Four seasons in Japan, discovering Japanese climate

Japanese often ask foreigners, out of curiosity, if there are four seasons where they come from. Seasonality is very important to their culture and heavily influences their eating habit and leisure. Likewise, the traveler in Japan will live a very different experience whether visiting in Spring, Summer, Fall or Winter, both in terms of weather, but also the cultural experiences. Before scheduling a trip to Japan, we might wonder what is the best time to travel in Japan or what is the most beautiful season to go to Japan, and what weather to expect in general. I will attempt to answer some of those questions with the best of my knowledge. I also present features of Japanese climate, such as temperature humidity and rainfall, as statistics from the Japanese Meteorological Agency. Enough talking show me the graphs

Japanese Spring, when gardens come to life

Japanese Summer, firework and festivals

Japanese Fall, admire the coloured leaves

Admitedly, I’ve not been to Japan in Fall yet so this section will have to wait.

Japanese Winter, ski and onsen

Best weather in Japan

The best time to visit Japan might be during the seasons of Spring and Fall. Those are the shoulder seasons when the temperature is not as cold as the cold Japanese winter but still cooler than the boiling hot Japanese Summer. Only in terms of temperature, May and July should be very comfortable months to travel. For example, the average temperature in Tokyo in May is around 19C while it is 22C in June. Similarly, September and October should be enjoyable months with mean temperatures in Tokyo around 23C and 19C. However, September and October are also the two rainiest months in Tokyo, something to consider before booking your flight.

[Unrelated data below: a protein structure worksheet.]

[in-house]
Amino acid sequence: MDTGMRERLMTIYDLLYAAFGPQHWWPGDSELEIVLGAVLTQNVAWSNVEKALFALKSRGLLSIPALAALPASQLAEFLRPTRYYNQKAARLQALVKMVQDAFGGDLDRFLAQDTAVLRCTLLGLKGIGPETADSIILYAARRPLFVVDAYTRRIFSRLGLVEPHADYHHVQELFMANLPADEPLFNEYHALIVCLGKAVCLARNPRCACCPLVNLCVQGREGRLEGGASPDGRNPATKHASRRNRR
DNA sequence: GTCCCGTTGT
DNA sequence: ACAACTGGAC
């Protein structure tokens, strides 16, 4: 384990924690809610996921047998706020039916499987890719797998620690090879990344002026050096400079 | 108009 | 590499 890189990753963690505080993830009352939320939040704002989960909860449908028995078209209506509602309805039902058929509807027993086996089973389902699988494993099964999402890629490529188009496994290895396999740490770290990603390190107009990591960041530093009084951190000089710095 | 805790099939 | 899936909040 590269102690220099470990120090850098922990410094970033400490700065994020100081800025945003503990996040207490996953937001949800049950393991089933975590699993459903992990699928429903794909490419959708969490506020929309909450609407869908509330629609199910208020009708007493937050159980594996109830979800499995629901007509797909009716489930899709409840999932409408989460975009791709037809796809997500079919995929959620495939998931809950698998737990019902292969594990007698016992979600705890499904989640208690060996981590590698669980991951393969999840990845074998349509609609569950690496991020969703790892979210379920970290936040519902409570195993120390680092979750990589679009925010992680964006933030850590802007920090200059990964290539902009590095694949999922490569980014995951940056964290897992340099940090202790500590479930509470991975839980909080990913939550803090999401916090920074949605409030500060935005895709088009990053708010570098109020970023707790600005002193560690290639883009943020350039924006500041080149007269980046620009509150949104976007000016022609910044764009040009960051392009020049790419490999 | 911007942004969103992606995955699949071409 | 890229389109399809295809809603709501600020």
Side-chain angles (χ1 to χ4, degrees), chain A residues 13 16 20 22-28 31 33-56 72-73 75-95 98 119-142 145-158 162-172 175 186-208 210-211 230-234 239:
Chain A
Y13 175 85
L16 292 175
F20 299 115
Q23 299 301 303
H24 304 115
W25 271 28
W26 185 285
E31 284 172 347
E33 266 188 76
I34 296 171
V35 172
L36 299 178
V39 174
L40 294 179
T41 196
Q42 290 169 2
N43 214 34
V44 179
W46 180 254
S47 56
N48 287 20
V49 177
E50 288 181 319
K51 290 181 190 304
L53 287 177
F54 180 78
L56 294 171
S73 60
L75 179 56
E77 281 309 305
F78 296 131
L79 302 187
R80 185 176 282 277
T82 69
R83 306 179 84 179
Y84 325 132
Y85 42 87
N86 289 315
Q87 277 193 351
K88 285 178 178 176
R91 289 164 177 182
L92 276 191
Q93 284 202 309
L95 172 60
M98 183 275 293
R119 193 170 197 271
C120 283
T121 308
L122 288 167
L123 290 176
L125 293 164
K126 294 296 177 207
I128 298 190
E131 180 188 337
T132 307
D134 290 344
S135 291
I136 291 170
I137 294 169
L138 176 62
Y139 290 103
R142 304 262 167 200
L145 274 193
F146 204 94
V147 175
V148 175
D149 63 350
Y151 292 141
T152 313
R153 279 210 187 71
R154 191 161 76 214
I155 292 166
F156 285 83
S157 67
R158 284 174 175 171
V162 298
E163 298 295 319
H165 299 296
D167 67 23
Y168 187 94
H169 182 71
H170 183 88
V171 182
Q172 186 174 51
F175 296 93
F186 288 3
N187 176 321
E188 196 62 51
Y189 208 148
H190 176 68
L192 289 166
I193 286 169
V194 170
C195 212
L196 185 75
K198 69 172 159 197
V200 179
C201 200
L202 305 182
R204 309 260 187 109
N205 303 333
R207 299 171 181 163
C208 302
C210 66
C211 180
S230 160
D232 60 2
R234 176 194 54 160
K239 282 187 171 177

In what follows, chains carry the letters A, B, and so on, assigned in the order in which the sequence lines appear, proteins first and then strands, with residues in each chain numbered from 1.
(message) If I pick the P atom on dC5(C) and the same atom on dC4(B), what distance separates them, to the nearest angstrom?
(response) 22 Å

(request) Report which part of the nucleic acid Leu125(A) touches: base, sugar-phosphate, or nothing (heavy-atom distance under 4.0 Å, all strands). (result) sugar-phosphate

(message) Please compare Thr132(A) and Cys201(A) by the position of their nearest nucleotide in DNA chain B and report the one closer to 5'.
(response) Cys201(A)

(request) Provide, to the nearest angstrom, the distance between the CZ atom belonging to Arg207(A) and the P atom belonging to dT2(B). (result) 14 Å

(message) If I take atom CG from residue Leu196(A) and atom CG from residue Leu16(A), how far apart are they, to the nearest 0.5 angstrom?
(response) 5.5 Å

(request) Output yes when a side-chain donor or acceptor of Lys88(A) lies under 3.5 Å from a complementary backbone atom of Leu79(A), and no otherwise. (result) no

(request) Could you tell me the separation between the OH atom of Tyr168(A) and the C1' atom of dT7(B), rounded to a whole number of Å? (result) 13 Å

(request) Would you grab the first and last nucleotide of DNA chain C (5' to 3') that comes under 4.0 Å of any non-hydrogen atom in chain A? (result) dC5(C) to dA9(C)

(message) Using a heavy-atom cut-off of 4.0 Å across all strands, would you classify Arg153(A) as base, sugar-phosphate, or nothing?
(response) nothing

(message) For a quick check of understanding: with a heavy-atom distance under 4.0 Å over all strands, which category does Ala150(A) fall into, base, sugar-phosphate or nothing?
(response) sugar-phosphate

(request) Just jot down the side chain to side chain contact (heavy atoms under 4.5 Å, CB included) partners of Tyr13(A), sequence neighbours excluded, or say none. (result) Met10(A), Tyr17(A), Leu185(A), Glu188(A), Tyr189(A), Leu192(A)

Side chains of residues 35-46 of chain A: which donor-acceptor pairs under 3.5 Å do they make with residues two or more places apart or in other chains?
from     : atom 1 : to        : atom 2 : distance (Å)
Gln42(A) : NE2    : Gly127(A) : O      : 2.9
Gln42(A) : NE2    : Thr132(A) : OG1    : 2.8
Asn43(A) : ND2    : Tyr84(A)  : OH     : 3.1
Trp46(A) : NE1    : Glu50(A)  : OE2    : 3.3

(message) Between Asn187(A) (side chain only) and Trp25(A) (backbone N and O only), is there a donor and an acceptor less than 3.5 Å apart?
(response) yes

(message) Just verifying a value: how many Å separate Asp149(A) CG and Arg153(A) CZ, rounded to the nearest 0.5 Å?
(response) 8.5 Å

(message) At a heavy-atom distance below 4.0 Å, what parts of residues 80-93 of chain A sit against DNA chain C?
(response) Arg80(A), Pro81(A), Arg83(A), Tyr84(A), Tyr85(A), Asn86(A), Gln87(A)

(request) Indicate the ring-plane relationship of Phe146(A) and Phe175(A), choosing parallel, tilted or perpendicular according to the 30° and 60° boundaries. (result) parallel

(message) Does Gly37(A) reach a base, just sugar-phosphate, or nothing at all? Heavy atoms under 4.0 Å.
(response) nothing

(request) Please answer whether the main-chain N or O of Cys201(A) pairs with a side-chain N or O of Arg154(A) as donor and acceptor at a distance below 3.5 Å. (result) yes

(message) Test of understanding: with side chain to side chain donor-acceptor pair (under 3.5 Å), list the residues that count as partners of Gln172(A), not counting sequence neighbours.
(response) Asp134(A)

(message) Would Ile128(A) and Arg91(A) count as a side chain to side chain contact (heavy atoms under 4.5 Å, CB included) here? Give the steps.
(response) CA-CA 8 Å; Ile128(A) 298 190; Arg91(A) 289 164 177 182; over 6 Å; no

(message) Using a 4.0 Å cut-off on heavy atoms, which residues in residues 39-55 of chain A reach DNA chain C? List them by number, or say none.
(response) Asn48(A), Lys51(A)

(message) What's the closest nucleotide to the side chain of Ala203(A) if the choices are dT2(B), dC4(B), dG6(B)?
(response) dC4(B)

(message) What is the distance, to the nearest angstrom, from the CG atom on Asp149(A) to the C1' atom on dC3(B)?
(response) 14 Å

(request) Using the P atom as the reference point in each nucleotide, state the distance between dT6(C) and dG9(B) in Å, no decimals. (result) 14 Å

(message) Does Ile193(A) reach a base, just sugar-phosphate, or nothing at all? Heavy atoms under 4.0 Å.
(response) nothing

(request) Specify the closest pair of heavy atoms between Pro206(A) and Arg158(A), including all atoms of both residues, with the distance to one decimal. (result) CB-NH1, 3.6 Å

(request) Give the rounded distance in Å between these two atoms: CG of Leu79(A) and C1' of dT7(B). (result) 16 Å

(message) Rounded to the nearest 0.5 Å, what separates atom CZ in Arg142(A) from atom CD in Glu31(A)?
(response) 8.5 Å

Worst weather in Japan

The worst time to visit Japan might be arguably the seasons of Winter and Summer. In winter, it can be quite cold in the Northern part of Japan. This should not be much of a problem if you stay at a modern hotel, but if you stay in a typical Japanese house, there is typically no heating in most of the house except the living room. Let me tell you that taking a shower when temperature is below zero can be quite an experience! Another difficult season in Japan is Summer. Temperatures can get very high in Summer but what makes it unbearable is the extremely high amount of humidity in the air. As an example, the typical relative humidity in August is of 73% in Tokyo. This is only the average value, not the maximum! Because the air is so wet, it is very difficult for the body to cool down through perspiration. Even Japanese people find summer too hot!

Does it really matter?

One can enjoy travelling to Japan in any weather condition, and the best time to travel is really a matter of personal opinion. There are also large regional variations in weather and climate across Japan since the long and thin island of Japan has a North/South orientation. If interested in the climate of a specific region of Japan, please have a look at the statistics below. You’ll be better prepared to plan your trip.

Interested in the climate and weather of a specific Japanese city? Click on the desired red dot on the map to see statistics about local weather...

or use those links Climate in Sapporo Climate in Sendai Climate in Niigata Climate in Nagoya Climate in Tokyo Climate in Hiroshima Climate in Osaka Climate in Takamatsu Climate in Fukuoka Climate in Kagoshima Climate in Naha

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